My copy of Ricochet Robots had arrived, so I popped it open and quickly found a couple of other players.  We made one critical rules mistake (we tried to get any robot to the target rather than just the matching bot), but it didn't impact the fun of the game.  I think that overall I like Mutant Meeples better than this one, but it's not a bad game by any stretch. And they are different enough that I'll leave room on my shelf for both.

Following that, we broke out our copy of Discworld: The Witches. It was fun, but I don't think this game will be a top-shelf game for me. I think that one small house rule will change that, but at the cost of making the game more random.  That one small house rule is this: The Player(s) with the most cackle counters is eliminated before scores are counted.  It makes managing the cackle counters more important and means that players will stop for tea more often than they do now. But it does make the game a bit more swingy.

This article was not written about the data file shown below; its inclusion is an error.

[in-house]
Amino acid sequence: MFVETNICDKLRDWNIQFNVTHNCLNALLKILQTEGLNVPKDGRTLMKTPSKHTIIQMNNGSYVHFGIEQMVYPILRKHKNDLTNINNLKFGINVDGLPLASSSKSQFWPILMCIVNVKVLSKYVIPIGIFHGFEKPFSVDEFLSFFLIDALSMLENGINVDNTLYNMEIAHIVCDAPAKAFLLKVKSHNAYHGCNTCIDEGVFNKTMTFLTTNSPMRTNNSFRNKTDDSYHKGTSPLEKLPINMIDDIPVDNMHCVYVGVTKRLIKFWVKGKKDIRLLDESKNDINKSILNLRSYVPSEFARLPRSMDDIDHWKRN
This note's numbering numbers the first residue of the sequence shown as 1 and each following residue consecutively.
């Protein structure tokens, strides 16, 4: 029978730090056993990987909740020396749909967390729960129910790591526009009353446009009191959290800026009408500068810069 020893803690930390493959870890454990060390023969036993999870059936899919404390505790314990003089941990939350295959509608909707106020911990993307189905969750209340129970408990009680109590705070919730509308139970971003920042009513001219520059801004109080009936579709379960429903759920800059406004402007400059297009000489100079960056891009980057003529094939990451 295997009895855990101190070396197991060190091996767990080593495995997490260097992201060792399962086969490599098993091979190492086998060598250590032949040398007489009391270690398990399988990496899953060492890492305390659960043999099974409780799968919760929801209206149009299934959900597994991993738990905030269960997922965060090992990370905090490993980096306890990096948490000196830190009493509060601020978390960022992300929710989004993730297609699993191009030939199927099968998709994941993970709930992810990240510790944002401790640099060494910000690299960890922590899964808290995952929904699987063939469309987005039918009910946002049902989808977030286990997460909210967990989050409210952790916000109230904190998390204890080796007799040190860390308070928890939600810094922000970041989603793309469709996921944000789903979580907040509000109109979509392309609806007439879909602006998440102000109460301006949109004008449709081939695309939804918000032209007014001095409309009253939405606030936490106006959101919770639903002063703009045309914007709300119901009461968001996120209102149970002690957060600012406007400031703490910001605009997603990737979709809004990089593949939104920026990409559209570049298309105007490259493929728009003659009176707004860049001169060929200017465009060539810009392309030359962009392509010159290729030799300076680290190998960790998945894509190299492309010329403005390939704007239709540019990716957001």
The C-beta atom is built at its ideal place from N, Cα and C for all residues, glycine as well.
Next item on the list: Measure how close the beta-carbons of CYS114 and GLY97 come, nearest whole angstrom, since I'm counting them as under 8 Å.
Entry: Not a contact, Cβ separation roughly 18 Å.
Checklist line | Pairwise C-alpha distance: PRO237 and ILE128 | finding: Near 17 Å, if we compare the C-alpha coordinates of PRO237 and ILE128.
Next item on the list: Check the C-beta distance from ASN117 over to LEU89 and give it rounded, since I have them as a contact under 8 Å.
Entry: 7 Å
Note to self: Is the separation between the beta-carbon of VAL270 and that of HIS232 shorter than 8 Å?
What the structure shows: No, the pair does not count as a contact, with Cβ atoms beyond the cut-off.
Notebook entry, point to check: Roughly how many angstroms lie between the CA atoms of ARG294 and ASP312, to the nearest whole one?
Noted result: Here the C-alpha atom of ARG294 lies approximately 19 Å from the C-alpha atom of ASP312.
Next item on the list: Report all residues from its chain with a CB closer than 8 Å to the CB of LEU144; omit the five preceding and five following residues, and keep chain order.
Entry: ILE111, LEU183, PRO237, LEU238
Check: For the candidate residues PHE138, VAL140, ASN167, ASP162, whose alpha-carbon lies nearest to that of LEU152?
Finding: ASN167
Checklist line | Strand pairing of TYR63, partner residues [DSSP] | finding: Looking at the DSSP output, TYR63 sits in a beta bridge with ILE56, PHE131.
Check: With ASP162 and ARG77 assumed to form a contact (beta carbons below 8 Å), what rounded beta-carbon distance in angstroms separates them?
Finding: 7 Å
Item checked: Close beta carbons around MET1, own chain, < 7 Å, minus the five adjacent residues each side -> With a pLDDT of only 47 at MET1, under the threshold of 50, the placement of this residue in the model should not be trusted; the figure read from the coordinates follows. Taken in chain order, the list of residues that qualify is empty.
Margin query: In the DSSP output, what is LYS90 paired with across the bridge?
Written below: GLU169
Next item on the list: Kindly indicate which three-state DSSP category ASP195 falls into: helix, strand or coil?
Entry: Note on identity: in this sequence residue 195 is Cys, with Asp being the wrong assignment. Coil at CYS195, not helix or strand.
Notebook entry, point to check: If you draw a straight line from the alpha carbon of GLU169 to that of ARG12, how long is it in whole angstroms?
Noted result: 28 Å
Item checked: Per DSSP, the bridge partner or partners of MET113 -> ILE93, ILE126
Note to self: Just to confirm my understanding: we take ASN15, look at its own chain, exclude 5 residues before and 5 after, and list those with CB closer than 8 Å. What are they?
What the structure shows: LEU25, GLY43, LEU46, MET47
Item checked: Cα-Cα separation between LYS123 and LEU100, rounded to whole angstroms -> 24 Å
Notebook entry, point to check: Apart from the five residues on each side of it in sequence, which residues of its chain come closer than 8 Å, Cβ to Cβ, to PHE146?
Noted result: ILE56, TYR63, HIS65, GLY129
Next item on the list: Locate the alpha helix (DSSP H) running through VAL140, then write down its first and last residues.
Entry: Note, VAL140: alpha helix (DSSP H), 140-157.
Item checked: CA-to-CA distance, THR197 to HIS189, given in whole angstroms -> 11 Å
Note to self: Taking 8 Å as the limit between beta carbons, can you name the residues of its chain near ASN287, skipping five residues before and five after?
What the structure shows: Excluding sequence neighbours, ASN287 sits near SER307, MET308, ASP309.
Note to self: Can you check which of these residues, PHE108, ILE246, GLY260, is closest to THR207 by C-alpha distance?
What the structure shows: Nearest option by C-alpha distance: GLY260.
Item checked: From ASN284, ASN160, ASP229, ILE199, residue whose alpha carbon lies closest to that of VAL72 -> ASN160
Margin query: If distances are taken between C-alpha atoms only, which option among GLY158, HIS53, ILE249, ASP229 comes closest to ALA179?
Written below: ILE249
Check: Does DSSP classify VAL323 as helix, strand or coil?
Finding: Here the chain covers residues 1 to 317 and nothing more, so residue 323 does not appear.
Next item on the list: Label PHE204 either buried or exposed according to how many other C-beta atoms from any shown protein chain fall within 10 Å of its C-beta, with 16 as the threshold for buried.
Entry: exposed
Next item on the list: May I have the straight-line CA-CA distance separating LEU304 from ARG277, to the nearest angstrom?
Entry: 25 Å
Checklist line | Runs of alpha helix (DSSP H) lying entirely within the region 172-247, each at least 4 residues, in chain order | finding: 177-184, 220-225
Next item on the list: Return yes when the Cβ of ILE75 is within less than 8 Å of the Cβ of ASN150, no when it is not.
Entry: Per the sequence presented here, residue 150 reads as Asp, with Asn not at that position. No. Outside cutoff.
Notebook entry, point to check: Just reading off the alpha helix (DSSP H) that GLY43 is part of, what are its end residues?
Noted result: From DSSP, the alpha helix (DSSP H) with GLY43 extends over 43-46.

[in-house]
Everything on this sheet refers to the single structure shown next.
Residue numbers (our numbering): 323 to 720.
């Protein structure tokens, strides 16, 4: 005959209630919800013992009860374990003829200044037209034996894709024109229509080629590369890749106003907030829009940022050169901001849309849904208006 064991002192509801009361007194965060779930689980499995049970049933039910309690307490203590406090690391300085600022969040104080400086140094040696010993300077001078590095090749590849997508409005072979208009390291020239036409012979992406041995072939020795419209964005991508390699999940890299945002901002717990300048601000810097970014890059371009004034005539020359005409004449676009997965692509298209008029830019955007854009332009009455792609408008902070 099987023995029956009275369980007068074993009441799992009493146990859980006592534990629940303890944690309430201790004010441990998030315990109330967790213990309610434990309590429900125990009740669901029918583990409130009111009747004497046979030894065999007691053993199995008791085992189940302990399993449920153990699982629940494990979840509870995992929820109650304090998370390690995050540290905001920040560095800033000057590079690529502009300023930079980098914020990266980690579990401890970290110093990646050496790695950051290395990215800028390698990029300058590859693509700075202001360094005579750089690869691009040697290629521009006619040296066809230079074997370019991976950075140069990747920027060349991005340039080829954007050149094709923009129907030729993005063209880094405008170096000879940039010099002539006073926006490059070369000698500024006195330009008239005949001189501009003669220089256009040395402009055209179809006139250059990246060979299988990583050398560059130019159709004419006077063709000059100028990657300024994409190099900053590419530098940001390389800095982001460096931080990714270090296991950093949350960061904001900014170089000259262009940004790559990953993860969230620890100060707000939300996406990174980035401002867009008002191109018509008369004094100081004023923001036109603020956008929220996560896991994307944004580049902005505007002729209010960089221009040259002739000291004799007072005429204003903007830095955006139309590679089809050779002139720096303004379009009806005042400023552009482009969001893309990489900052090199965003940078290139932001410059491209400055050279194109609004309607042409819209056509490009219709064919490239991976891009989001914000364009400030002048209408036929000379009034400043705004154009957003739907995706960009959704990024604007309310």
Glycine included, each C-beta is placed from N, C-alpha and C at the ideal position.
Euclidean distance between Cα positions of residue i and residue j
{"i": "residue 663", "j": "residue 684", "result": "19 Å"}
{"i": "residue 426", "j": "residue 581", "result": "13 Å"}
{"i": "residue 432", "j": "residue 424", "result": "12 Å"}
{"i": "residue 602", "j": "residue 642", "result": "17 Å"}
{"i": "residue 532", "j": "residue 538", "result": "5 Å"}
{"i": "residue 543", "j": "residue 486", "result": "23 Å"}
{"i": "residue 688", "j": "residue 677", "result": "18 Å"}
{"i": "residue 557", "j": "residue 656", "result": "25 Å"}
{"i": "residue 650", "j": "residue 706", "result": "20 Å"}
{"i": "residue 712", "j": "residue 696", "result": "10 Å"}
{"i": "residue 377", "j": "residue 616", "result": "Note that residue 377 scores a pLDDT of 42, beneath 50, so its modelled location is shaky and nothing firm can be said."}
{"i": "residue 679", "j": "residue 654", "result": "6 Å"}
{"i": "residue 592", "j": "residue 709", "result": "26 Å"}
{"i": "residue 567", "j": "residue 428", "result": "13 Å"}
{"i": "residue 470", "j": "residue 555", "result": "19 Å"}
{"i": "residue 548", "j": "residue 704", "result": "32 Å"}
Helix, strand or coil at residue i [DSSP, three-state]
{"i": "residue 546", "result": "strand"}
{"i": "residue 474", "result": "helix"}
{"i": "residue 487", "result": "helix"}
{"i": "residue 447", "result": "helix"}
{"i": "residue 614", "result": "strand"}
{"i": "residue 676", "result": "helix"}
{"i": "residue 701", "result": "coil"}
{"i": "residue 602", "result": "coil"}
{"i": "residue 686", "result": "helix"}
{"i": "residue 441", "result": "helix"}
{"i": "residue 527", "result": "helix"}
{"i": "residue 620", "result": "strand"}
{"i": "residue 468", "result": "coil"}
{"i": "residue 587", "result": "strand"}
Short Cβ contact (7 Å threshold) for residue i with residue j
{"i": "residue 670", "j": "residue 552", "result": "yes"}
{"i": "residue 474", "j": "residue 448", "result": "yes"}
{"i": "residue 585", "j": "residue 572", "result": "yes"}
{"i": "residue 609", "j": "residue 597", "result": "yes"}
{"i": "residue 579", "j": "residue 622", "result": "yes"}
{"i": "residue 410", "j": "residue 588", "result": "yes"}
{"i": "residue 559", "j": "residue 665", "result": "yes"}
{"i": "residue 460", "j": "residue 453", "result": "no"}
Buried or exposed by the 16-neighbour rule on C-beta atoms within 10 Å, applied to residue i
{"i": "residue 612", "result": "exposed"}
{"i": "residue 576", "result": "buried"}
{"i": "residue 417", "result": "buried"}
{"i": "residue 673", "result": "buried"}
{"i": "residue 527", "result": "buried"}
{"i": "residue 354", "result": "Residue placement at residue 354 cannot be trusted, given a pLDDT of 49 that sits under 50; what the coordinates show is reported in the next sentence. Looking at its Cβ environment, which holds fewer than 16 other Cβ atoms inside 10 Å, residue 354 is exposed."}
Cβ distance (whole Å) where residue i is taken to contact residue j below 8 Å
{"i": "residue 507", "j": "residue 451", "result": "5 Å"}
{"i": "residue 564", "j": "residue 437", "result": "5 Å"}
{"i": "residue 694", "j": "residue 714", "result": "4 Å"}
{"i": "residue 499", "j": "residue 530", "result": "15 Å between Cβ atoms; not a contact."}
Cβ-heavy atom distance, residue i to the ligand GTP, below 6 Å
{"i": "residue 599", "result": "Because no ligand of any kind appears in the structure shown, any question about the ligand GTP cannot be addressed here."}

Following that, there was a Ticket To Ride tournament going on, and I sat in for a round.  It's been too long since I played this game, and I did terribly.  But that's okay - it was still fun.

At this point, I wandered up to the front again, and Brian asked me if I knew anything about Concept.  As it's one of the games I worked on, I was able to answer pretty easily.  And it sold!  And then the new buyer wanted to take it for a spin.

Twist my arm about off, why don't you?  There are people and groups who won't like this one, but I really really like it and can't wait to get my own copy ...

We played two full games, juggling seating arrangements so we'd have different "teams" each time.